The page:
She’s the new face of British and Irish horse racing, to some the savior of a sport that has endured the worst kind of publicity in recent weeks.
Now Rachael Blackmore has the chance to make herself known to an audience well beyond the typical borders of racing by breaking down what has long been seen as one of the biggest gender barriers in all of sports.
Three weeks after becoming the first woman to finish as the leading jockey at the prestigious Cheltenham Festival, Blackmore — a 31-year-old Irishwoman — will look to be the first female winner of the Grand National Steeplechase, one of the world’s most grueling horse race that features 40 horses running a 4½-mile (6,400-meter) course containing 30 fences.
Blackmore is down to ride Minella Times, a horse that is currently joint-second favorite at 10-1, at Aintree on Saturday in a race that even non-horse racing enthusiasts turn on to watch and has been a mud-splattered British sporting institution since 1839.
One that Blackmore, as a kid, used to watch in awe. Indeed, her first memory of horse racing is going over to a friend’s house and taking part in a sweepstake for the National.
Now, the Blackmore-ridden Minella Times is the name punters would love to pick out.
“It is so far from anything I thought could be possible,” she said this week, “but you allow yourself to picture it — I think everyone has.”
Blackmore was aboard six winners at Cheltenham last month, more than any other jockey and just one short of the record haul for a single week at the festival.
British and Irish horse racing had just been dragged through the mud because of the controversies involving leading trainer Gordon Elliott and amateur jockey Robert James, who were both pictured sitting on dead horses in images that were circulated widely on social media. Blackmore’s Cheltenham success brought some light to a dark period for the sport.
A professional jockey since 2015 after growing up on a farm and riding ponies, she rode the second most winners in Irish jump racing in 2018-19, the same season she won her first races at Cheltenham.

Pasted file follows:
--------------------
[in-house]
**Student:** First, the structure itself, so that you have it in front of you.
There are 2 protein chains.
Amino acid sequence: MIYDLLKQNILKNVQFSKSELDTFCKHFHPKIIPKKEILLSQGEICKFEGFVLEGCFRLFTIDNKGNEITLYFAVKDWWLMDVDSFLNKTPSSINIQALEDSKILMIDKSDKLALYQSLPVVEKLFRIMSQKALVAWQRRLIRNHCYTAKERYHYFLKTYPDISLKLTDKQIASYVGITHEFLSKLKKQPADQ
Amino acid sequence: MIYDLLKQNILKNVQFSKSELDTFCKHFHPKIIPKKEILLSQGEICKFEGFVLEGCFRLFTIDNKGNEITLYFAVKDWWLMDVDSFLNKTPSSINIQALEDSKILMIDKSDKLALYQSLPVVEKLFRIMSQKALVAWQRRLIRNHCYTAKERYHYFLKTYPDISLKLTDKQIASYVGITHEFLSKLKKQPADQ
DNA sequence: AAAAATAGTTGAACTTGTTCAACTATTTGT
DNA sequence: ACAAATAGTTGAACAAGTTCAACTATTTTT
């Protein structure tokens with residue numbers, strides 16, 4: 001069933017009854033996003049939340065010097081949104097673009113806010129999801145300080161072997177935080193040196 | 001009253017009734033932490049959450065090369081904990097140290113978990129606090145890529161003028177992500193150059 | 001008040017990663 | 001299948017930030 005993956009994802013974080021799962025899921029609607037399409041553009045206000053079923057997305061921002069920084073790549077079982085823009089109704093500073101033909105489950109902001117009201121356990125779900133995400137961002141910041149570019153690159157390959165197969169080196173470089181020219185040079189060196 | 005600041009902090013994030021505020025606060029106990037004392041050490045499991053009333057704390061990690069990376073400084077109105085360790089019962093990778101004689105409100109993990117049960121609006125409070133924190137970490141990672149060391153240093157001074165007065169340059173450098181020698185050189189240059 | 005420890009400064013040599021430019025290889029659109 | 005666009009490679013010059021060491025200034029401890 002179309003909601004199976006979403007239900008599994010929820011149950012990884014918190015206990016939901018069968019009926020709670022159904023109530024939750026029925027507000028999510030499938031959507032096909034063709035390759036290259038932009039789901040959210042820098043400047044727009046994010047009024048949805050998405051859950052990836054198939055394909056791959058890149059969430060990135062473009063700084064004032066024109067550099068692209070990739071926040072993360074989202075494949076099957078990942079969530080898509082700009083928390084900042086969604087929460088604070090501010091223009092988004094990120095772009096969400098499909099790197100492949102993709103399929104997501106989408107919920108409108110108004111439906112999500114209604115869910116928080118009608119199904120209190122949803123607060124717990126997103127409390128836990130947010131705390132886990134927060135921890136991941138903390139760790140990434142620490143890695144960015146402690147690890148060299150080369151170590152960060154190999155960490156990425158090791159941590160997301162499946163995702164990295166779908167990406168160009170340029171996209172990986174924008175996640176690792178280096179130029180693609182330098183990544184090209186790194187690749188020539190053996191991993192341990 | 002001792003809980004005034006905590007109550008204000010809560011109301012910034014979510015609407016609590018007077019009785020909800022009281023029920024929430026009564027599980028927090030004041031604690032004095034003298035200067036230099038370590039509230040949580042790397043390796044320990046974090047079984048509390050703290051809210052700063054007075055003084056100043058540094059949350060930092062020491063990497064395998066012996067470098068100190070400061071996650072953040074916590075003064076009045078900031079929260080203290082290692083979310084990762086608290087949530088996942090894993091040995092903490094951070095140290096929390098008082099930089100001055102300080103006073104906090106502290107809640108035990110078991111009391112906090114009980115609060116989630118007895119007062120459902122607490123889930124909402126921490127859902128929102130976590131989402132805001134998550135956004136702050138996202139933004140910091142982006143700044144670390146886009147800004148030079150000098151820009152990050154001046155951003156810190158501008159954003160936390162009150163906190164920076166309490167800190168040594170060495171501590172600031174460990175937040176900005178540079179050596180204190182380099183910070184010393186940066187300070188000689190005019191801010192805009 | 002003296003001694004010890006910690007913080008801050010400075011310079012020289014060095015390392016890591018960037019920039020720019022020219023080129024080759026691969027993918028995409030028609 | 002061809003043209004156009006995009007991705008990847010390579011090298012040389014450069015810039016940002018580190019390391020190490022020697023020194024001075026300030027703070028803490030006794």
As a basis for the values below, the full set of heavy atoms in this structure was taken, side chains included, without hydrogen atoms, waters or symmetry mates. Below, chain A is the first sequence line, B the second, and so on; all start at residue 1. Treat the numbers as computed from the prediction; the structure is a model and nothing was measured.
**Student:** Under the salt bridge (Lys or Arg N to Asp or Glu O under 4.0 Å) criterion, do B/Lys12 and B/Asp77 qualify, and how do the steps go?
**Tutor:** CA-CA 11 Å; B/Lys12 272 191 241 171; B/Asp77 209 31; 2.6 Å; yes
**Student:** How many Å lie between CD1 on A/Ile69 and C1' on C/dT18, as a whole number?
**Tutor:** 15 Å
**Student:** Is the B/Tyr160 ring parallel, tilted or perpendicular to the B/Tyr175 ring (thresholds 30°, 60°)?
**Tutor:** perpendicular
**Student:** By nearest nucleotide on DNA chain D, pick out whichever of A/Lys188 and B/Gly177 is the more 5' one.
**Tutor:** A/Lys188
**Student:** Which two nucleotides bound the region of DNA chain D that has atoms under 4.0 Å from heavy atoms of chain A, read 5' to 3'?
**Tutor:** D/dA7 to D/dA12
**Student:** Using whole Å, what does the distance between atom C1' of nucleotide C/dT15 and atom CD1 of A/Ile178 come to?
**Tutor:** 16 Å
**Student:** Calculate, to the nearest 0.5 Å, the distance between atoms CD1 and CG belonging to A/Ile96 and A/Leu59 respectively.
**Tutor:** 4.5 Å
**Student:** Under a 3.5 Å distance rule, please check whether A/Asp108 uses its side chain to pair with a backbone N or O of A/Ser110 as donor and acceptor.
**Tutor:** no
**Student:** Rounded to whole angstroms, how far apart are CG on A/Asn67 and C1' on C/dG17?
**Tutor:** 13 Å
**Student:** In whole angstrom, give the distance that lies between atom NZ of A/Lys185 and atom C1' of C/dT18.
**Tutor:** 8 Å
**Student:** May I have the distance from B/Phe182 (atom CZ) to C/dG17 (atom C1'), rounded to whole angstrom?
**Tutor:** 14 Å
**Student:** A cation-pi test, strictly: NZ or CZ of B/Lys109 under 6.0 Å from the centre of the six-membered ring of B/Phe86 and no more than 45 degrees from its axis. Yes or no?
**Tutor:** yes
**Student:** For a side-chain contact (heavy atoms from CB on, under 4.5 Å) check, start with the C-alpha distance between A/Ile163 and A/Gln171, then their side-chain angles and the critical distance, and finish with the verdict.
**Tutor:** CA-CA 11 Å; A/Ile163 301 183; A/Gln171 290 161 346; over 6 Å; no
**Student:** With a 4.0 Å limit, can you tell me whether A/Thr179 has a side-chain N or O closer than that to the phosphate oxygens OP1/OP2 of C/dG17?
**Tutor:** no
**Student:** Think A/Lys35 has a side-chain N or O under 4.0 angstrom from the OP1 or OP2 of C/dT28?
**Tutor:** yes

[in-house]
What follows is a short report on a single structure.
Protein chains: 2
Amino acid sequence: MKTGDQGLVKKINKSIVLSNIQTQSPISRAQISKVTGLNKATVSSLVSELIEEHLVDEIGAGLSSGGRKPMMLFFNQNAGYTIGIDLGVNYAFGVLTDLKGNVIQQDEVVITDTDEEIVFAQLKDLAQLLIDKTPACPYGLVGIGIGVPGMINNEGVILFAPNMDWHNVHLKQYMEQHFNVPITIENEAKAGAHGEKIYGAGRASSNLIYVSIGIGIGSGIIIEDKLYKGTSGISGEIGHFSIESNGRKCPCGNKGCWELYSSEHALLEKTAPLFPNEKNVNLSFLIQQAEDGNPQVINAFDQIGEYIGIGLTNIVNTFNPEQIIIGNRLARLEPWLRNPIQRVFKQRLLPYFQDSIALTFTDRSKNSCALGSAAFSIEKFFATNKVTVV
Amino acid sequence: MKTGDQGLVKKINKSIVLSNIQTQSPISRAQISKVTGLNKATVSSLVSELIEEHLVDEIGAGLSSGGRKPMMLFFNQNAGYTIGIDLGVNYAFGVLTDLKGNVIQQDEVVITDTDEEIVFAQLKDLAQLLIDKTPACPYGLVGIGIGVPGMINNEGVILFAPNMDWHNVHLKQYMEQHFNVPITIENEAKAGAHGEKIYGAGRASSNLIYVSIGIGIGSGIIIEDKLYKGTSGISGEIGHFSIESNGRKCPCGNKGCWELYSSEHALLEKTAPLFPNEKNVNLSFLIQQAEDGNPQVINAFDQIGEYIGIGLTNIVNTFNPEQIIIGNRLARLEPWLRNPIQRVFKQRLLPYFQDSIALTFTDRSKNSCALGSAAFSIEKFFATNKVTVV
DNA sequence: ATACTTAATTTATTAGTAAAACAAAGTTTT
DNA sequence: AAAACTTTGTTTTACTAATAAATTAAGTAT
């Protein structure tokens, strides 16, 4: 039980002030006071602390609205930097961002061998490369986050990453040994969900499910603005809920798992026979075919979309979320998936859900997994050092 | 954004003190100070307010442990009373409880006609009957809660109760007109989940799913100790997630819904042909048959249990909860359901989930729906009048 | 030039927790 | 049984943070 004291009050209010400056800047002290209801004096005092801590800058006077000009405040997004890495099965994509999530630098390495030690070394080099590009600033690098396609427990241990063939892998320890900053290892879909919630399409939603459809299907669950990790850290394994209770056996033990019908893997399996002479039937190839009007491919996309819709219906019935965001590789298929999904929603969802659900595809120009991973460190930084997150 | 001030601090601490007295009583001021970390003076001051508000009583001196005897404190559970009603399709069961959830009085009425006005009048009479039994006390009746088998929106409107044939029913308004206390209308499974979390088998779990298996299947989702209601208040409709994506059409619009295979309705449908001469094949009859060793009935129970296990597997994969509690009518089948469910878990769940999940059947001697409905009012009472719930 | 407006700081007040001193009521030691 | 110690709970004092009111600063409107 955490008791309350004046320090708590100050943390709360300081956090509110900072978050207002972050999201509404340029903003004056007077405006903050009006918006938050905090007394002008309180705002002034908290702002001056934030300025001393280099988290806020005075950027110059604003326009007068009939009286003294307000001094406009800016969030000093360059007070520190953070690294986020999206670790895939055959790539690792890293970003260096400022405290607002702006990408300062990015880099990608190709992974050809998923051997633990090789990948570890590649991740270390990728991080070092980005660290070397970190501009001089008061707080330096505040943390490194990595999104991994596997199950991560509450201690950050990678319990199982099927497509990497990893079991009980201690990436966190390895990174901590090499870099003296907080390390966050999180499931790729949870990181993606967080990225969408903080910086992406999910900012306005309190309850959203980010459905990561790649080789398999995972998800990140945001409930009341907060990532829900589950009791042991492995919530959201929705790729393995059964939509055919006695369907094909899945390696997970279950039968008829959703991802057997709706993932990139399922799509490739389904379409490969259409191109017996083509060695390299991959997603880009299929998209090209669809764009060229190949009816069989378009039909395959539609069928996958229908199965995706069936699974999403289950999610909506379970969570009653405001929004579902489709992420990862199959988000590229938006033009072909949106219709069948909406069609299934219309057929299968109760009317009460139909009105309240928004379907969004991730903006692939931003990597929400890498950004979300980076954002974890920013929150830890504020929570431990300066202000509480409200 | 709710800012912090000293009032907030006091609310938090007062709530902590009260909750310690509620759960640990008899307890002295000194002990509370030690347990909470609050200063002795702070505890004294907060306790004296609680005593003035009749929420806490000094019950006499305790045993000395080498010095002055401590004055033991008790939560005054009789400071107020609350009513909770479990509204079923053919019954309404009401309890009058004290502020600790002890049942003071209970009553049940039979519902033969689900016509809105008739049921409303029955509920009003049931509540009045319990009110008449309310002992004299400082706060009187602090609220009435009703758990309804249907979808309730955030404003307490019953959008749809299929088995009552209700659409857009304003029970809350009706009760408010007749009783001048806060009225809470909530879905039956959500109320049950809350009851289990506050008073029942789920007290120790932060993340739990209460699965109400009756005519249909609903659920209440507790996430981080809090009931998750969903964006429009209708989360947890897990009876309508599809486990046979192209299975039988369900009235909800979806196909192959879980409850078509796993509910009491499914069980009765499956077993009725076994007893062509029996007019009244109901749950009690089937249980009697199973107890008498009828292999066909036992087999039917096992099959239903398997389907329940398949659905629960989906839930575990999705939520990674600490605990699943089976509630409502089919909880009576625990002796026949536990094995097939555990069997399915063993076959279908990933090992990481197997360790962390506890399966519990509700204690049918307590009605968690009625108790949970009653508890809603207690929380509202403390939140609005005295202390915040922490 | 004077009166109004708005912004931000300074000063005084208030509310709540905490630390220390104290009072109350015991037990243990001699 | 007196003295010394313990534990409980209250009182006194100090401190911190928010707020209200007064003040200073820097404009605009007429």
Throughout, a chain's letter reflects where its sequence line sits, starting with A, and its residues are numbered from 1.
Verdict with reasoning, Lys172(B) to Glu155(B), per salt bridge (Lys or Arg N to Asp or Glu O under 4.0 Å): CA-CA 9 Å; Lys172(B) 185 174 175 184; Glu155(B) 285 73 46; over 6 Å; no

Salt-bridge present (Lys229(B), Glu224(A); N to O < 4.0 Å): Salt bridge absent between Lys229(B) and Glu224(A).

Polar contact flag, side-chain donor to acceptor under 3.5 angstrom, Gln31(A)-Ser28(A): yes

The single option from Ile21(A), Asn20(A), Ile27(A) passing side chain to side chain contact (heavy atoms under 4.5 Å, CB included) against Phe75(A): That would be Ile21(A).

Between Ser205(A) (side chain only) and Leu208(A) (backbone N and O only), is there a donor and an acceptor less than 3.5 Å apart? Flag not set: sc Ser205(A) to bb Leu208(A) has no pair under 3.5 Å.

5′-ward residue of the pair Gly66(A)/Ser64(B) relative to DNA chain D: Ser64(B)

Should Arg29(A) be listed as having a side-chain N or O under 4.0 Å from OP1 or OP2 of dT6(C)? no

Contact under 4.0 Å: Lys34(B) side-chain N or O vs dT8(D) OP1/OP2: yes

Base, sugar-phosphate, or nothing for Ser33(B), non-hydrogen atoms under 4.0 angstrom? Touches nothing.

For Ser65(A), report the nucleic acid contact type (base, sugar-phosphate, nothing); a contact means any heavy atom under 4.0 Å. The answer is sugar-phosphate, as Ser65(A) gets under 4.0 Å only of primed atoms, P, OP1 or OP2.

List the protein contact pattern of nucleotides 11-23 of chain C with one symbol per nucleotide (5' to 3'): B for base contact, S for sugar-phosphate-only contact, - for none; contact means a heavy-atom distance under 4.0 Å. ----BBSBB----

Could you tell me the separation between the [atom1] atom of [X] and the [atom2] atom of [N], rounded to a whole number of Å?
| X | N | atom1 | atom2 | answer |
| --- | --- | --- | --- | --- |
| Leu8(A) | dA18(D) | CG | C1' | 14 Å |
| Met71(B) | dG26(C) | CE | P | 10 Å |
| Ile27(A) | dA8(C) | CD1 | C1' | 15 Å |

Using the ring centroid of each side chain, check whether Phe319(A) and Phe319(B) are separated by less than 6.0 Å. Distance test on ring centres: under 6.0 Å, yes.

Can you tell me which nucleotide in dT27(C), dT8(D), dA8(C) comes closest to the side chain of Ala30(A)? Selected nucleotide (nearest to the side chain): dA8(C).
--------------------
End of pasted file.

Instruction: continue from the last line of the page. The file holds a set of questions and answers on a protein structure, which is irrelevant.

She is now the leading jockey at trainer Henry de Bromhead’s stable, and is resilient as well as brilliant — along with her six winners, she had four falls at Cheltenham.
It stands her in good stead for the National, with its steep and sometimes brutal fences. Female jockeys have only been allowed to enter and race in the National since 1975, when the Sex Discrimination Act was passed, and there has been a regular flow of women on horses in recent years.
Bryony Frost, who won the prestigious King George VI Chase in December, and Tabitha Worsley are other female jockeys competing Saturday.
Katie Walsh has the best finish for a female rider, when third on Seabass in 2012. Blackmore fell at the famous fence called The Chair on her National debut in 2018 and finished way back in 10th aboard Valseur Lido in 2019.
The race was canceled last year because of the pandemic and there have been no race-goers at the Aintree Festival this week because of coronavirus restrictions. A crowd of 70,000 usually attends the National.
Cloth Cap is the pre-race favorite, at odds of 9-2 with some bookmakers, and among the owners of the 40 competing horses is former Manchester United manager Alex Ferguson, who has entered 80-1 shot Give Me A Copper. Ferguson had three winners on Thursday, the opening day of the festival.
Tiger Roll, the winner in 2018 and ’19, will not be going for an unprecedented third straight victory after he was withdrawn from the field by his owners because they were unhappy with the weight he had been allocated.
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